A disclaimer here: my opinions have nothing to do with politics. Those who know me know I am NOT a political being. My opinions are about people and their healthcare decision-making.
At least a dozen people have asked me what I think of Elizabeth and John Edwards decision to keep campaigning despite the recurrence of her breast cancer.
My answer is: it’s not up to me to pass judgement! It’s THEIR decision, and I hope only that it’s based on good partnering with her doctors, good advice, and plenty of research into the possibilities.
Watching the Edwards on TV, and reading about them in the press, have raised some of my own emotions from my cancer near-miss. Occasionally I still have some post-traumatic stress reaction — a melt down at a movie, or while reading a book, or hearing someone else’s story. Anyone who has been diagnosed with a death sentence (or who has loved someone with that diagnosis) knows how devastating it can be. I can’t begin to imagine how it feels to have licked it the first time, and then have to go through that again.
The most important impact such upsetting news has, I think, is that you find yourself realigning your own priorities. The reality check of a death sentence helps you better understand what’s really important to you. It’s no longer about things like, “before I die, I want to learn to scuba dive, and see the pyramids.” It’s more like, “I have only limited time, and this is what I want to do with it.”
I instantly found myself with two priorities: family and loved ones first, then work.
For those few months before I learned I had been misdiagnosed, I spent so much time with my loved ones! I was single and not dating anyone at the time. I was lucky in that both my daughters and my parents were living nearby, and we got together several times each week. They were so loving and supportive and that was so important to all of us, to be able to spend that time together. And when I got the final confirmation of my misdiagnosis — we were all together to celebrate, too.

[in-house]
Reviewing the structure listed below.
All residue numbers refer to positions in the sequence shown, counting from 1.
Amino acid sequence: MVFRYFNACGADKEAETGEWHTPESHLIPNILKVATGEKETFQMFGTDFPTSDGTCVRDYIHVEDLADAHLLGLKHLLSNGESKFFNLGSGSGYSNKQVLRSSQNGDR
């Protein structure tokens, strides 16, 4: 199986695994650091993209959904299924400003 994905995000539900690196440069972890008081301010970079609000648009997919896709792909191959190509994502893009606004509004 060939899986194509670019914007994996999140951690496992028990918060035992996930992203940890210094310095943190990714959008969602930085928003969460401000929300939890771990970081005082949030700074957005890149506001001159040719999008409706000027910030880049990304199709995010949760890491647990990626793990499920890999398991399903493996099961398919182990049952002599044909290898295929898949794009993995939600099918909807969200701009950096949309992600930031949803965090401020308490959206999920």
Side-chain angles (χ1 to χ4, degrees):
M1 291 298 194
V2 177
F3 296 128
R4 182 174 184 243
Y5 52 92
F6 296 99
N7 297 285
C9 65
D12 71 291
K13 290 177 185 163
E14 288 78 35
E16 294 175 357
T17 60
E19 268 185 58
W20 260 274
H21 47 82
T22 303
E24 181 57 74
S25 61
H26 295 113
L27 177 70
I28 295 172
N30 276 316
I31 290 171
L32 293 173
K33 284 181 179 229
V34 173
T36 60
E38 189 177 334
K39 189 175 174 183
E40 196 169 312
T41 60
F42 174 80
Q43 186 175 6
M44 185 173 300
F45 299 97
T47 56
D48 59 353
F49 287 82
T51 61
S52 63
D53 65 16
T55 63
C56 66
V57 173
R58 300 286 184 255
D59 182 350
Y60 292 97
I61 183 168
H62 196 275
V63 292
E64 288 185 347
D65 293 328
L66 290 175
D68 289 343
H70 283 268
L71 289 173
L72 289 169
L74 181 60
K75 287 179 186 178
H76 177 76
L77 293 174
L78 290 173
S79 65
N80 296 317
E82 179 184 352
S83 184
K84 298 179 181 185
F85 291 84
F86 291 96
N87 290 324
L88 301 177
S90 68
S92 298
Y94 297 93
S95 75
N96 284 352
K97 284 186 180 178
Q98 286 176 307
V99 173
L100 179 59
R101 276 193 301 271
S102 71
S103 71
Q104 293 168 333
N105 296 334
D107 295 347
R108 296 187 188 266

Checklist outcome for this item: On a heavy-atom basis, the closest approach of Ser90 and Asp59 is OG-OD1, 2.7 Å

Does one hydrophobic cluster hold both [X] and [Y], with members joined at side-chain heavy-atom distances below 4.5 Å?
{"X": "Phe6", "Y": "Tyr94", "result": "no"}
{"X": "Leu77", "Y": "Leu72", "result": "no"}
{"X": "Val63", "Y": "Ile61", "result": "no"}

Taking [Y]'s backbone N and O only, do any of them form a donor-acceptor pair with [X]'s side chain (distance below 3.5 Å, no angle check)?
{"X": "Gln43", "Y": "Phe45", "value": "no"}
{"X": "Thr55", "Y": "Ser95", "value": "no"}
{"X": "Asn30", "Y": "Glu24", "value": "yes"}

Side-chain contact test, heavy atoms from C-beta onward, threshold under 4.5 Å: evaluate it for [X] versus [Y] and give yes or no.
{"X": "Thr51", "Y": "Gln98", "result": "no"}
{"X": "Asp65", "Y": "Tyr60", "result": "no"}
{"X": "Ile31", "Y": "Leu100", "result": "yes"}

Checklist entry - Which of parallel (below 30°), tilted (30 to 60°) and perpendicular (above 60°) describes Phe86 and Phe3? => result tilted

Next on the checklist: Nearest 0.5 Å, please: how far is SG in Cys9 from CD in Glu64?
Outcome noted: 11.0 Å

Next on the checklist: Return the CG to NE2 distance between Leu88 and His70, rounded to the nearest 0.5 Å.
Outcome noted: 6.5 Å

Close behind spending time with my loved ones, and like Elizabeth Edwards, I threw myself into my work and my diagnosis-related research. I was manic in my work at the computer, following through with my instincts that something in my diagnosis was horribly wrong, terribly askew. And I kept up with my workload. I didn’t tell clients about my diagnosis, because I was self-employed and couldn’t afford to lose business. That frenzied approach did two things: first, it allowed me to scour all the information out there to prove my misdiagnosis. Second, I earned more money for my business in 2004 than any prior year! All that work was simply a coping mechanism, albeit a fruitful one.
For right now the Edwards seem to have chosen to put work first and family second. Because Elizabeth’s cancer can be contained and controlled for now, it makes sense to them to do so. It’s not up to any of us to second guess their decision because it’s precisely that: THEIR decision.
My guess is, as time goes on and the cancer spreads, which it will eventually, that their priorities will begin to shift more to family first. They seem to be loving and caring and dedicated people. I can’t imagine it will be any other way.
We need to support them — and I’m not referring to politics here — I mean in the caring way we would for fellow human beings who have a tough road in front of them.
We need to give them credit — because they’ve taken their decision-making and responsibilities seriously, as all sharp patients should.
And we need to thank God that we aren’t in a position to have to make the same kinds of decisions. There but for the grace of God….
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